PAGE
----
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John Nielsen

John Nielsen

John Nielsen covers environmental issues for NPR. His reports air regularly on NPR's award-winning news magazines, All Things Considered, Morning Edition and Weekend Edition. He also prepares documentaries for the NPR/National Geographic Radio Expeditions series, which is heard regularly on Morning Edition. Nielsen also occasionally serves as the substitute host for several NPR News programs.

During his years with NPR, Nielsen has reported on a wide range of topics, including the environmental records of the last three U.S. presidents; changing world population trends; repeated attempts to limit suburban sprawl; socially divisive water shortages in the Middle East; allegations of "toxic racism" in the United States; rhinoceros relocation efforts in the lowland forests of Nepal; and attempts to track and cope with the West Nile virus, toxic algal blooms, environmental problems related to economic globalization, and the causes of global climate change.

Before joining NPR in 1990, Nielsen was a Knight Fellow in the Science Journalism program at the Massachusetts Institute of Technology. Prior to that, he worked for the Los Angeles Times, The Orange County Register, and the Salisbury (North Carolina) Evening Post.

Nielsen's Condor: To the Brink and Back--The Life and Times of One Giant Bird (HarperCollins) was published in 2006 and is out in paperback in March 2007. The book focuses on the long-running fight to save the California condor, a giant rare vulture that used to be common near his childhood home, the tiny town of Piru, California.

Nielsen's freelance work has been published in a variety of newspapers and magazines. He has lectured at the University of Utah, Princeton University, and Yale University. In 2005 he was awarded the Science Journalism Award for Excellence in Radio Reporting by the American Association fo the Advnacement of Science.

He is a graduate of Stanford University, where he studied Shakespeare. Nielsen has three children and lives in Washington, DC.

  • Critics say the state's mitigation plan falls far short of what's needed to protect this former tourist mecca from the impact of the coming water transfer.
  • Scientists have found that female butterflies adapt to male-killing bacteria by becoming more promiscuous, while surviving males become exhausted and put less effort into mating.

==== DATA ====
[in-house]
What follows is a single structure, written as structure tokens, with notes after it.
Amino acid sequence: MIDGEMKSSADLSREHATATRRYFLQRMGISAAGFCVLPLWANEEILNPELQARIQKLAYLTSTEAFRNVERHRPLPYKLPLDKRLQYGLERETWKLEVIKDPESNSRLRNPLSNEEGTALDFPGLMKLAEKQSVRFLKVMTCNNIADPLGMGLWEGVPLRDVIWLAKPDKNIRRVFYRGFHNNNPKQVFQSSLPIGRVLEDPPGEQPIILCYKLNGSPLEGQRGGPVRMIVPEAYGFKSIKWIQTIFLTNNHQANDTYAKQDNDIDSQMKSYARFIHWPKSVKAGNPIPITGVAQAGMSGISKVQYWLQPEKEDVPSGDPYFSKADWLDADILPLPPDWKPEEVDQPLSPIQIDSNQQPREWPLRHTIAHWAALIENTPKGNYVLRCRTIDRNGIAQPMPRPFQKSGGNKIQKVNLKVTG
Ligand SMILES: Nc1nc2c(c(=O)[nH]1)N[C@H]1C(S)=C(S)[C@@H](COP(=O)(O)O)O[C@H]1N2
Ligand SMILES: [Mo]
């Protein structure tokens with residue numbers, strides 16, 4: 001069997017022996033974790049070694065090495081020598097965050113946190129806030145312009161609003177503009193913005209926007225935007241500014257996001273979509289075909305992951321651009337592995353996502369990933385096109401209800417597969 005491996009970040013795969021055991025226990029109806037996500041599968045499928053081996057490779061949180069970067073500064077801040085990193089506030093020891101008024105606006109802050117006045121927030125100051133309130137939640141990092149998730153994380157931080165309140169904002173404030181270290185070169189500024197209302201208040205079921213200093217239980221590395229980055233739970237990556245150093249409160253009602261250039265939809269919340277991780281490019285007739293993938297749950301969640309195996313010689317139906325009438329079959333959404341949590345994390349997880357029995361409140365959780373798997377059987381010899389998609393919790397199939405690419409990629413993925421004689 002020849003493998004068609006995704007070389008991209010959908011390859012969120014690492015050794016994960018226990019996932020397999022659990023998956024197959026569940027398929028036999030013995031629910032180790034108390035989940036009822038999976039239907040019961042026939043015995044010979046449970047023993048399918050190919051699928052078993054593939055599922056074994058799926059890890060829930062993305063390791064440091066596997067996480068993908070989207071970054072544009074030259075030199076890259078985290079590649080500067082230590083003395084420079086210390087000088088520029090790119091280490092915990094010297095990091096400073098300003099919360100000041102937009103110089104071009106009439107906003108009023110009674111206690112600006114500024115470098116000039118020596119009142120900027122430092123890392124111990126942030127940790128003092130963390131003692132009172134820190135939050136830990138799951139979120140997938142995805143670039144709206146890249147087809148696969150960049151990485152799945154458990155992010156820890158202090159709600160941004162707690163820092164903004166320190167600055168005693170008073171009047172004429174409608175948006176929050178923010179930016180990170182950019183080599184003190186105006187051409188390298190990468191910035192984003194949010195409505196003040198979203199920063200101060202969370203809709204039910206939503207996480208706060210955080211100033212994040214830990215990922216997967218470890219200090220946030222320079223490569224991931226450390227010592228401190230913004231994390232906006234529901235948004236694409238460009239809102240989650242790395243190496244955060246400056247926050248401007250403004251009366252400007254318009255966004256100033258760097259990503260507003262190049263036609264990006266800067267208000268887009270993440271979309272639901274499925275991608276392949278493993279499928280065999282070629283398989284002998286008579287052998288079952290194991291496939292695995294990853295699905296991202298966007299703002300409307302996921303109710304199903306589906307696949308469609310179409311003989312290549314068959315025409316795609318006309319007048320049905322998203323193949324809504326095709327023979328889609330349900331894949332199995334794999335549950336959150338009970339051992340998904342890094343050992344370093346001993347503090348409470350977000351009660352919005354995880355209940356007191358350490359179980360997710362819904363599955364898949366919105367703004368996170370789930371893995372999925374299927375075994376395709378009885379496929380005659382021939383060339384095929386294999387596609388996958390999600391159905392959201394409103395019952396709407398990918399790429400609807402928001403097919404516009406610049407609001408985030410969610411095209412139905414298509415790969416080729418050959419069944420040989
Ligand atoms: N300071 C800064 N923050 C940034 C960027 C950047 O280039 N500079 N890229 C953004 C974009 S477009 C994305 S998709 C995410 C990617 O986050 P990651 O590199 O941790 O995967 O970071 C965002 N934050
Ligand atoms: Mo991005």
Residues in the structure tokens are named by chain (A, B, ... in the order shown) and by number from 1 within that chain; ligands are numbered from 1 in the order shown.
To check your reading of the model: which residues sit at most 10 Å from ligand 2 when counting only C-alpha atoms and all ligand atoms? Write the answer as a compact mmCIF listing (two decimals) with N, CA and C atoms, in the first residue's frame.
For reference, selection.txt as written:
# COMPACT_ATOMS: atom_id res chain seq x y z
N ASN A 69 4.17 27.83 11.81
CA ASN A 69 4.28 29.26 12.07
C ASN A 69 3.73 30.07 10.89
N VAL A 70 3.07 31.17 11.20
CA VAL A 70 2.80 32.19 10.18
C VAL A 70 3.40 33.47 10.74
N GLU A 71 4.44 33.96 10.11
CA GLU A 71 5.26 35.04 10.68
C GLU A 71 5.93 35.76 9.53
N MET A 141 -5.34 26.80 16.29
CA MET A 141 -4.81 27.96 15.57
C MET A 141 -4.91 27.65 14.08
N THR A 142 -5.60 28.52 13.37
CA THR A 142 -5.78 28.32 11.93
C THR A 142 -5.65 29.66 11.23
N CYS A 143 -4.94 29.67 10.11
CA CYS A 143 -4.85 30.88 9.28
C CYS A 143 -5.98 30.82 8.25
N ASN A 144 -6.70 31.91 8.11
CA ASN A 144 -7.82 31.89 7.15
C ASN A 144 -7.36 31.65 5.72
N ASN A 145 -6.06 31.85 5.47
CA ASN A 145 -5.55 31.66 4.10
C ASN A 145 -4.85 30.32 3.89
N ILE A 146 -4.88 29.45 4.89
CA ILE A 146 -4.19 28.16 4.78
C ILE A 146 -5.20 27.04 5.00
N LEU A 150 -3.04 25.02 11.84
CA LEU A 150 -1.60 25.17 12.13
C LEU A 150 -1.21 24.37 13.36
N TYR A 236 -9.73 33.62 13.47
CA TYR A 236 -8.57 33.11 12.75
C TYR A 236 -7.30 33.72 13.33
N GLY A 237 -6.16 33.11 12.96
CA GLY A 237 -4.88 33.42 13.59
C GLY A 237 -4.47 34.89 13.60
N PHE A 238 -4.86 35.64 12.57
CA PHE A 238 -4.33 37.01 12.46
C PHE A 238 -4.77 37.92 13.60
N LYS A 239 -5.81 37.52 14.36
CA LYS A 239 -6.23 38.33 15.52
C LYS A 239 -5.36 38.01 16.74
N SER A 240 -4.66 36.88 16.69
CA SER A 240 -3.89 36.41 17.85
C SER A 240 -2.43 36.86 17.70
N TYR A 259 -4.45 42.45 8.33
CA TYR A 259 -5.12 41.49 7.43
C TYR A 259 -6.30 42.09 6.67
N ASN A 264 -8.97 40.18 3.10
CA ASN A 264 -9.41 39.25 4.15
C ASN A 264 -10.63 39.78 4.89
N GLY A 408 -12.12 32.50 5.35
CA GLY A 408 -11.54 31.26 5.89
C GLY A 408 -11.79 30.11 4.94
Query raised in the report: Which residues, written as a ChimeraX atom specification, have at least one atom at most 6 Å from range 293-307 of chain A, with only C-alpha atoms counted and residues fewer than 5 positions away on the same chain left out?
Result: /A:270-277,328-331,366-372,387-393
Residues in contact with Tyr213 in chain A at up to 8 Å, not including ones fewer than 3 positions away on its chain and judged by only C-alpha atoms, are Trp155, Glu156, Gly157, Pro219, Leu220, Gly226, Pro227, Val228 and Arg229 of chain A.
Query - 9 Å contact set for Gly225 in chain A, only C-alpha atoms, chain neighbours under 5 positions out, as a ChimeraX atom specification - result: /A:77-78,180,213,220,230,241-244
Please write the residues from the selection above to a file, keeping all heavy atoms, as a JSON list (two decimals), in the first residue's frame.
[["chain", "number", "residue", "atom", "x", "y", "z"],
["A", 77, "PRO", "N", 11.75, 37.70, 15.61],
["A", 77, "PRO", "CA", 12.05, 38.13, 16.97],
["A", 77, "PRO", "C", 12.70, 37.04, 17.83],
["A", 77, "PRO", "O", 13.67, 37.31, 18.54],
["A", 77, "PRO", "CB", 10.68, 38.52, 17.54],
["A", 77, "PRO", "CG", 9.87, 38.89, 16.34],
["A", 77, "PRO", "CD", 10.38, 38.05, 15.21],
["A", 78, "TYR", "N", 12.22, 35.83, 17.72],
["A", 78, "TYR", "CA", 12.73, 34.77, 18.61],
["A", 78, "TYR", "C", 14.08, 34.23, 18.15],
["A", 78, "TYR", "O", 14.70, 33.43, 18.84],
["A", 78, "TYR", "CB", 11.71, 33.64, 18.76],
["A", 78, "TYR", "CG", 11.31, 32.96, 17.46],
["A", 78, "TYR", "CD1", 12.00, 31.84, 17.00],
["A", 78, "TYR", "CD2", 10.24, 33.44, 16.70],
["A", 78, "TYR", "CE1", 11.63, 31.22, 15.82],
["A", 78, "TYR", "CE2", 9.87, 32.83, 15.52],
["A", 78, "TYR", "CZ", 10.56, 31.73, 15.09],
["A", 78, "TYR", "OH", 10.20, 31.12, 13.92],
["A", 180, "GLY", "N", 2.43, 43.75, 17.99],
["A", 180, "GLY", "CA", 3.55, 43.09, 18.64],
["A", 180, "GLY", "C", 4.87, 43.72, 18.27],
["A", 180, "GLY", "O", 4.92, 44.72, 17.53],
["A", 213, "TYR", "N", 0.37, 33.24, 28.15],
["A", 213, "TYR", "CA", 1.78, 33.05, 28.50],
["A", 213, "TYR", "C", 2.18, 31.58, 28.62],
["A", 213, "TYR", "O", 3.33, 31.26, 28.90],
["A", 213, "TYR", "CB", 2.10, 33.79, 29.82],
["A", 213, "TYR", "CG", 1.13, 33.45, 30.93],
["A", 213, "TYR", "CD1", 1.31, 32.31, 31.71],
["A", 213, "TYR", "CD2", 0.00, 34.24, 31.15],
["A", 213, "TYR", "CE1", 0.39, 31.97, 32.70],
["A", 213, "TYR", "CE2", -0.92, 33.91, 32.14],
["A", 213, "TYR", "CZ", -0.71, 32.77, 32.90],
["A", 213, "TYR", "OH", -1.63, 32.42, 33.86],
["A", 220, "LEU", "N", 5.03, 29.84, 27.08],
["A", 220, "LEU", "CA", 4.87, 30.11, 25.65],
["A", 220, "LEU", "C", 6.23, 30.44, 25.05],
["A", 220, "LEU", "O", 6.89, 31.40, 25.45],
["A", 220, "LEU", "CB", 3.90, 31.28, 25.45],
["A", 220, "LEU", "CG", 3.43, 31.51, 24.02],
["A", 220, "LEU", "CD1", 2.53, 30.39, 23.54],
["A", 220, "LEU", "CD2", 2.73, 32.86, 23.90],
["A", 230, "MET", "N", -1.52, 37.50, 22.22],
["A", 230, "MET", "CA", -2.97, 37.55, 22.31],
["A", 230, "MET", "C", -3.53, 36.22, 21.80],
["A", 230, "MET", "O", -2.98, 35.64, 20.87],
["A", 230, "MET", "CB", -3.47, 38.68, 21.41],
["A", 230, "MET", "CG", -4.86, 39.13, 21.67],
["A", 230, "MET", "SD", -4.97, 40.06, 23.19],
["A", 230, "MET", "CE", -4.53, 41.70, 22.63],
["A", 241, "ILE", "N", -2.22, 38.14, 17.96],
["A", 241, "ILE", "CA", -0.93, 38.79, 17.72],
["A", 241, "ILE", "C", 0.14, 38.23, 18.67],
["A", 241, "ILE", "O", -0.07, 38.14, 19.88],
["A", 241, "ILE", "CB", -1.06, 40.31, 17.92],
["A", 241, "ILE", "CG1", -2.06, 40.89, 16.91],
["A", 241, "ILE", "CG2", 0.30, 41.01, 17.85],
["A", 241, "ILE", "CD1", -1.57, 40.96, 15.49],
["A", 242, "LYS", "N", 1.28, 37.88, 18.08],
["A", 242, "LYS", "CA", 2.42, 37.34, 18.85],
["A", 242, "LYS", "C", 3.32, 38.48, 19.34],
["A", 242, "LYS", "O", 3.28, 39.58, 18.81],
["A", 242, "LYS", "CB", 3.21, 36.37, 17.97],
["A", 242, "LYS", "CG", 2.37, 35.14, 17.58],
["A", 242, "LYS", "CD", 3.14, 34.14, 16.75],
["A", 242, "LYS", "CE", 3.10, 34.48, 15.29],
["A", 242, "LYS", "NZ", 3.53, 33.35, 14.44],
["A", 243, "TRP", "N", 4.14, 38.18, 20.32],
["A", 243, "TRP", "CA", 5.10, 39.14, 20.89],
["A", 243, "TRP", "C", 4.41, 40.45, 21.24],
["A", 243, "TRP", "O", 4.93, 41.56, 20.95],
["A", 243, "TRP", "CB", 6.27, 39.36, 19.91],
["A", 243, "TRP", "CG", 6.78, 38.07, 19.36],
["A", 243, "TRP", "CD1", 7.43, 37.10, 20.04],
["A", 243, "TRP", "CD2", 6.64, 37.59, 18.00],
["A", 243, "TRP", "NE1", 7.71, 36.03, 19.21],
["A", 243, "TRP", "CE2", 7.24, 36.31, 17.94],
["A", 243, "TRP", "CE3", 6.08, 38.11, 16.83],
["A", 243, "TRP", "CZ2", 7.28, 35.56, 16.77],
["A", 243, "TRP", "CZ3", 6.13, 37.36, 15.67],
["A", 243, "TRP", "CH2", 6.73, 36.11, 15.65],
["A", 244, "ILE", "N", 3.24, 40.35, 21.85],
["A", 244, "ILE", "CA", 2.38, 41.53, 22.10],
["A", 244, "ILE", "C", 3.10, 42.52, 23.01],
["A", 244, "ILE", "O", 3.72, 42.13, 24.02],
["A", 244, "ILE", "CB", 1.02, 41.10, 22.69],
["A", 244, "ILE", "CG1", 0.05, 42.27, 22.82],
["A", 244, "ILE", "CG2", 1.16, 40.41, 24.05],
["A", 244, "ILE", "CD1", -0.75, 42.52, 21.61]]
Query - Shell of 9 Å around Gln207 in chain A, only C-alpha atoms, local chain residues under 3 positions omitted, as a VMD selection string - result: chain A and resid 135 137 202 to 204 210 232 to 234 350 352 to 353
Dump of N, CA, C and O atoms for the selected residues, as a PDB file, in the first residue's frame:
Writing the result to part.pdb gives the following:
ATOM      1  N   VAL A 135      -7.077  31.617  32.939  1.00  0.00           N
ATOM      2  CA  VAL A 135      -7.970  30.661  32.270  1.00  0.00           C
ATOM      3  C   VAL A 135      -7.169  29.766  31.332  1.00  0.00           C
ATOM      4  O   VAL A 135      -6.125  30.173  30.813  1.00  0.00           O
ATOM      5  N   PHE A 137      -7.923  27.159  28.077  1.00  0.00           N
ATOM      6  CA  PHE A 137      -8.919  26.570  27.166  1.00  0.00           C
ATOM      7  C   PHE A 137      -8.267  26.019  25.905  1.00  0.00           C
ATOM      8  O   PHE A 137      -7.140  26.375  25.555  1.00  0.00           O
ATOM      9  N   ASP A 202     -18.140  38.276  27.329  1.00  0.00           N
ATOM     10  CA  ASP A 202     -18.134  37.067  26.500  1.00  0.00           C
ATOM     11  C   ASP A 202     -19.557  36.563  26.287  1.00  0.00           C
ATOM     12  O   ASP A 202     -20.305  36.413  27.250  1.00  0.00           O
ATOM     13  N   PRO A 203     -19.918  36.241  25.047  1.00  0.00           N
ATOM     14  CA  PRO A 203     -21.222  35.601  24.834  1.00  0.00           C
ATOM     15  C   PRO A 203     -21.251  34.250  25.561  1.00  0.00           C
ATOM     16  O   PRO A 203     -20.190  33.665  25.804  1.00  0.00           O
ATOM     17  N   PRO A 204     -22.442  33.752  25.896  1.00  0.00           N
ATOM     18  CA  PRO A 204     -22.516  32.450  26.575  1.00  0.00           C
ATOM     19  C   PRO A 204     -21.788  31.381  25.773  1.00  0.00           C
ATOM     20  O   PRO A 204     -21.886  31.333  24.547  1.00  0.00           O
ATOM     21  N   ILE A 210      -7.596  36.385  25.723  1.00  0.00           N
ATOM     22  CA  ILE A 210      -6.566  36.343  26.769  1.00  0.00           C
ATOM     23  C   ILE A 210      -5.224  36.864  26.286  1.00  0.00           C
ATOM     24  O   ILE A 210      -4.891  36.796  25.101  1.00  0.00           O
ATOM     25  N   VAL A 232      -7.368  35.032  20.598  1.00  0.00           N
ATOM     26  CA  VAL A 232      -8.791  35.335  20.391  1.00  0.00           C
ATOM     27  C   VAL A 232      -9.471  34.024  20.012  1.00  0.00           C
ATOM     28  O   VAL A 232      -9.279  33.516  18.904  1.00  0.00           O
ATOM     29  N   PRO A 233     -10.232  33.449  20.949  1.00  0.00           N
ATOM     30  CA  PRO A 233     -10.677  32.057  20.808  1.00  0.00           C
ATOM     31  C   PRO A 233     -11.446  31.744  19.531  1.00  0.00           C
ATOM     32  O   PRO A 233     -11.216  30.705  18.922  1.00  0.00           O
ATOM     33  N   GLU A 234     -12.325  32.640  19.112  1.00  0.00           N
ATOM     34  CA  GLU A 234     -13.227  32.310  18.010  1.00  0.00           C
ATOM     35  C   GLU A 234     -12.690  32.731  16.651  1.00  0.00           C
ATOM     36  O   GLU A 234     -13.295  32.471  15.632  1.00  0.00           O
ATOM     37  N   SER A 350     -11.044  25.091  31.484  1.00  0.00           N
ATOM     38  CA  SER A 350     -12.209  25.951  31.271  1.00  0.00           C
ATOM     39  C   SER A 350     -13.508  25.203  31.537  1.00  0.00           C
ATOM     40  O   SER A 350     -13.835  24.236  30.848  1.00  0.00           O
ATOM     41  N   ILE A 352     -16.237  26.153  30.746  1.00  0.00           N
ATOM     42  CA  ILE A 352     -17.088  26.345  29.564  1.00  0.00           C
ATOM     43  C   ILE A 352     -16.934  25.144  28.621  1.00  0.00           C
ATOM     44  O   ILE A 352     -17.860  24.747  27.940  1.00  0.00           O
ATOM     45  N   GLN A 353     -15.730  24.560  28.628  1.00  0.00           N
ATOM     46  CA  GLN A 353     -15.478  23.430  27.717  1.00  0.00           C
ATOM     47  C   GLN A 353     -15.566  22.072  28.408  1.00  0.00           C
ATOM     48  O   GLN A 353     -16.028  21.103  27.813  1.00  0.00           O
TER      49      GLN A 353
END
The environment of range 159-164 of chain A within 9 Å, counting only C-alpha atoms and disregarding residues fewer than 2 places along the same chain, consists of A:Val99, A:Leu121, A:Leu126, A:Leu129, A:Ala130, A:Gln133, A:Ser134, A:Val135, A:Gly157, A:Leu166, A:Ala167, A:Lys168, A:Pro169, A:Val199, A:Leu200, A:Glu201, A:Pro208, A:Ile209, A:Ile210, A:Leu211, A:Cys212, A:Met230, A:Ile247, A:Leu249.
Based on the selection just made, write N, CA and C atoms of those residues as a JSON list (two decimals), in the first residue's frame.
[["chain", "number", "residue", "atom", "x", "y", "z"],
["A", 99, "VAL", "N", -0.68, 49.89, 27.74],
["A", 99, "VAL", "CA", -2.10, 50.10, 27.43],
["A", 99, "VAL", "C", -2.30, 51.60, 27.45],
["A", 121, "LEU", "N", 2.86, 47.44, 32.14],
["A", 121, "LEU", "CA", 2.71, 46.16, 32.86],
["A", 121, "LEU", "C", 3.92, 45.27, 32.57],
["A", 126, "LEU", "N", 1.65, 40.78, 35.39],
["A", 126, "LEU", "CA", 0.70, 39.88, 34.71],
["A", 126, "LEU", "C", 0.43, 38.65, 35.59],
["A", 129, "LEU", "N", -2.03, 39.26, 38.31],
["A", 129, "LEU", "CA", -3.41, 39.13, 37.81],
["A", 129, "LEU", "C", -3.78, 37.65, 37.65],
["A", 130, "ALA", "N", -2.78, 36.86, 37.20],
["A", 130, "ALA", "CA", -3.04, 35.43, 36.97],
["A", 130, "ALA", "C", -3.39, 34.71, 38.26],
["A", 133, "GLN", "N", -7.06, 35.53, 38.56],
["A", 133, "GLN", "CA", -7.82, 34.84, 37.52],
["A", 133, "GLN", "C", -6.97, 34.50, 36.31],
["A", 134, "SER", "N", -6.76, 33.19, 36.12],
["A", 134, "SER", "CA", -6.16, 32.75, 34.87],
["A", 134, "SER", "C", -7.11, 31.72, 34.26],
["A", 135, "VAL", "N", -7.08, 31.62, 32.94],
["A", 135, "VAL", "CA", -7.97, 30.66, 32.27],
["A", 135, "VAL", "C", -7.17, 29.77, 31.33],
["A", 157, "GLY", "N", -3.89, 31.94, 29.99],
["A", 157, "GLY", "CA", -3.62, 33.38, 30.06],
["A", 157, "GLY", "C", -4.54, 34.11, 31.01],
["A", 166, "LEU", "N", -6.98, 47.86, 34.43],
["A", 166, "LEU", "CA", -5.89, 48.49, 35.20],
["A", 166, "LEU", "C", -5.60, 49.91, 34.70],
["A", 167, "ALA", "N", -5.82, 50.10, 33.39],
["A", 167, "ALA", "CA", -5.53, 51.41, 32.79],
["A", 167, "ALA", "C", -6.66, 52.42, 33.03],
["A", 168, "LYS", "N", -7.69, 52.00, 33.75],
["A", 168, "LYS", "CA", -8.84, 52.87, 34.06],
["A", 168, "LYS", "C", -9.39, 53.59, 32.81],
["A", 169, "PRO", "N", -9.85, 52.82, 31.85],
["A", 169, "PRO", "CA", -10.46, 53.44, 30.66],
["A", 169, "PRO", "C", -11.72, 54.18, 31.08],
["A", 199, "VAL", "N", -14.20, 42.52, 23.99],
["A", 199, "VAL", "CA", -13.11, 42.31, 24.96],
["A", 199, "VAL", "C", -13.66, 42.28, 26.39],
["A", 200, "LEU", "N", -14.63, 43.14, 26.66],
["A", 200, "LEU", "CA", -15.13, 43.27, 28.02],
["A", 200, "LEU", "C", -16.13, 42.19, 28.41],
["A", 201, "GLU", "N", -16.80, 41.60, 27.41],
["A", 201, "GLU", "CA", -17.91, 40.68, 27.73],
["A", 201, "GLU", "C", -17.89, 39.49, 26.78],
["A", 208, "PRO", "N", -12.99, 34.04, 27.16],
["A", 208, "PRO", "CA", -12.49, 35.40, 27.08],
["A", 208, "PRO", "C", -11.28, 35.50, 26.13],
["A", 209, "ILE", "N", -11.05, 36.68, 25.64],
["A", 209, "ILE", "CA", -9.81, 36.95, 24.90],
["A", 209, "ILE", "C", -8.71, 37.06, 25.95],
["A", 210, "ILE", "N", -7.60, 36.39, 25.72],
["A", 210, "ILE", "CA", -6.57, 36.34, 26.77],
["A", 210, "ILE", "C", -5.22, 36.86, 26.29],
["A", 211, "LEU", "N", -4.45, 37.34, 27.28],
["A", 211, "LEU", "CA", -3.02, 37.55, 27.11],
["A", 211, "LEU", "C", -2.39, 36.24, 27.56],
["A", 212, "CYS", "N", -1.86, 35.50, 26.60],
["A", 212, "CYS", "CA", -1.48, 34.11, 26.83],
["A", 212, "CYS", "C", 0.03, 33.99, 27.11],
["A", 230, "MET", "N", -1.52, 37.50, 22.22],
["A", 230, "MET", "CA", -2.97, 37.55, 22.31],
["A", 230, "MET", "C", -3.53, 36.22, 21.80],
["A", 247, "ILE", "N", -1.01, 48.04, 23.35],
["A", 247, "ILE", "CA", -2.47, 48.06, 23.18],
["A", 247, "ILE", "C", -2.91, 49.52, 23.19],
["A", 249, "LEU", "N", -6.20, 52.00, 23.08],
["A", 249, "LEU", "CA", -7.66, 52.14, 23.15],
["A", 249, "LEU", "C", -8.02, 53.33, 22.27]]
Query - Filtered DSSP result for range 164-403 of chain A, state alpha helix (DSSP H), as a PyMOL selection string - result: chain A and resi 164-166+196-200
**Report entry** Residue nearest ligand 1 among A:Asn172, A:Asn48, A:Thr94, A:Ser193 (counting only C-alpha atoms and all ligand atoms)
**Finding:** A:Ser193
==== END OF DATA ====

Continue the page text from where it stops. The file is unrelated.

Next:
• A group of writers has collected more than 800 fading landscape terms in a new book — Home Ground: Language for an American Landscape-- in hopes of keeping them from going extinct.
  • NPR's John Nielsen examines the arduous process of finding the pieces of the shuttle Columbia that have been spread across such a large area. He explains the difference between shuttle "forensics" and the investigation of plane crashes.
  • A government report finds that efforts to limit human exposure to toxins aren't helping kids as much as they are helping adults. The report, issued today by the Centers for Disease Control and Prevention, found that children between the ages of 6-11 are sponging up the chemicals found in cigarette smoke and soft plastic toys. It also found that Mexican-Americans have abnormal levels of the pesticide DDT in their bodies and that pregnant women carry more mercury than expected. NPR's John Nielsen reports that federal officials say they are concerned but not alarmed by the findings.
  • Paleontologists say they've found in China the fossilized remains of a small flying dinosaur with four wings. Experts on the links between dinosaurs and birds say this could be one of the most important fossils ever found. They also say this fossil could turn out to be a fake. NPR's John Nielsen reports.
  • Everyone who has ever pondered whether chicken wings serve a purpose beyond deep fat fryers and bleu cheese sauce will be bowled over by the apparent benefits of wing flapping in flightless birds. NPR's John Nielsen reports on a study in this week's Science magazine showing how true flight may have evolved from these beginnings.
  • In Central Africa, isolated hunters with primitive weapons are being replaced by well-funded, highly organized groups of foreign poachers that threaten wildlife and political stability. NPR's John Nielsen reports.
  • For the first time in 30 years, streams and wetlands throughout the United States could lose Clean Water Act protections under a proposal expected this week from the Bush administration. NPR’s John Nielsen reports.
  • NPR's John Nielsen reports on plants that make a stink. For example: the voodoo lily. When it blooms -- people wilt.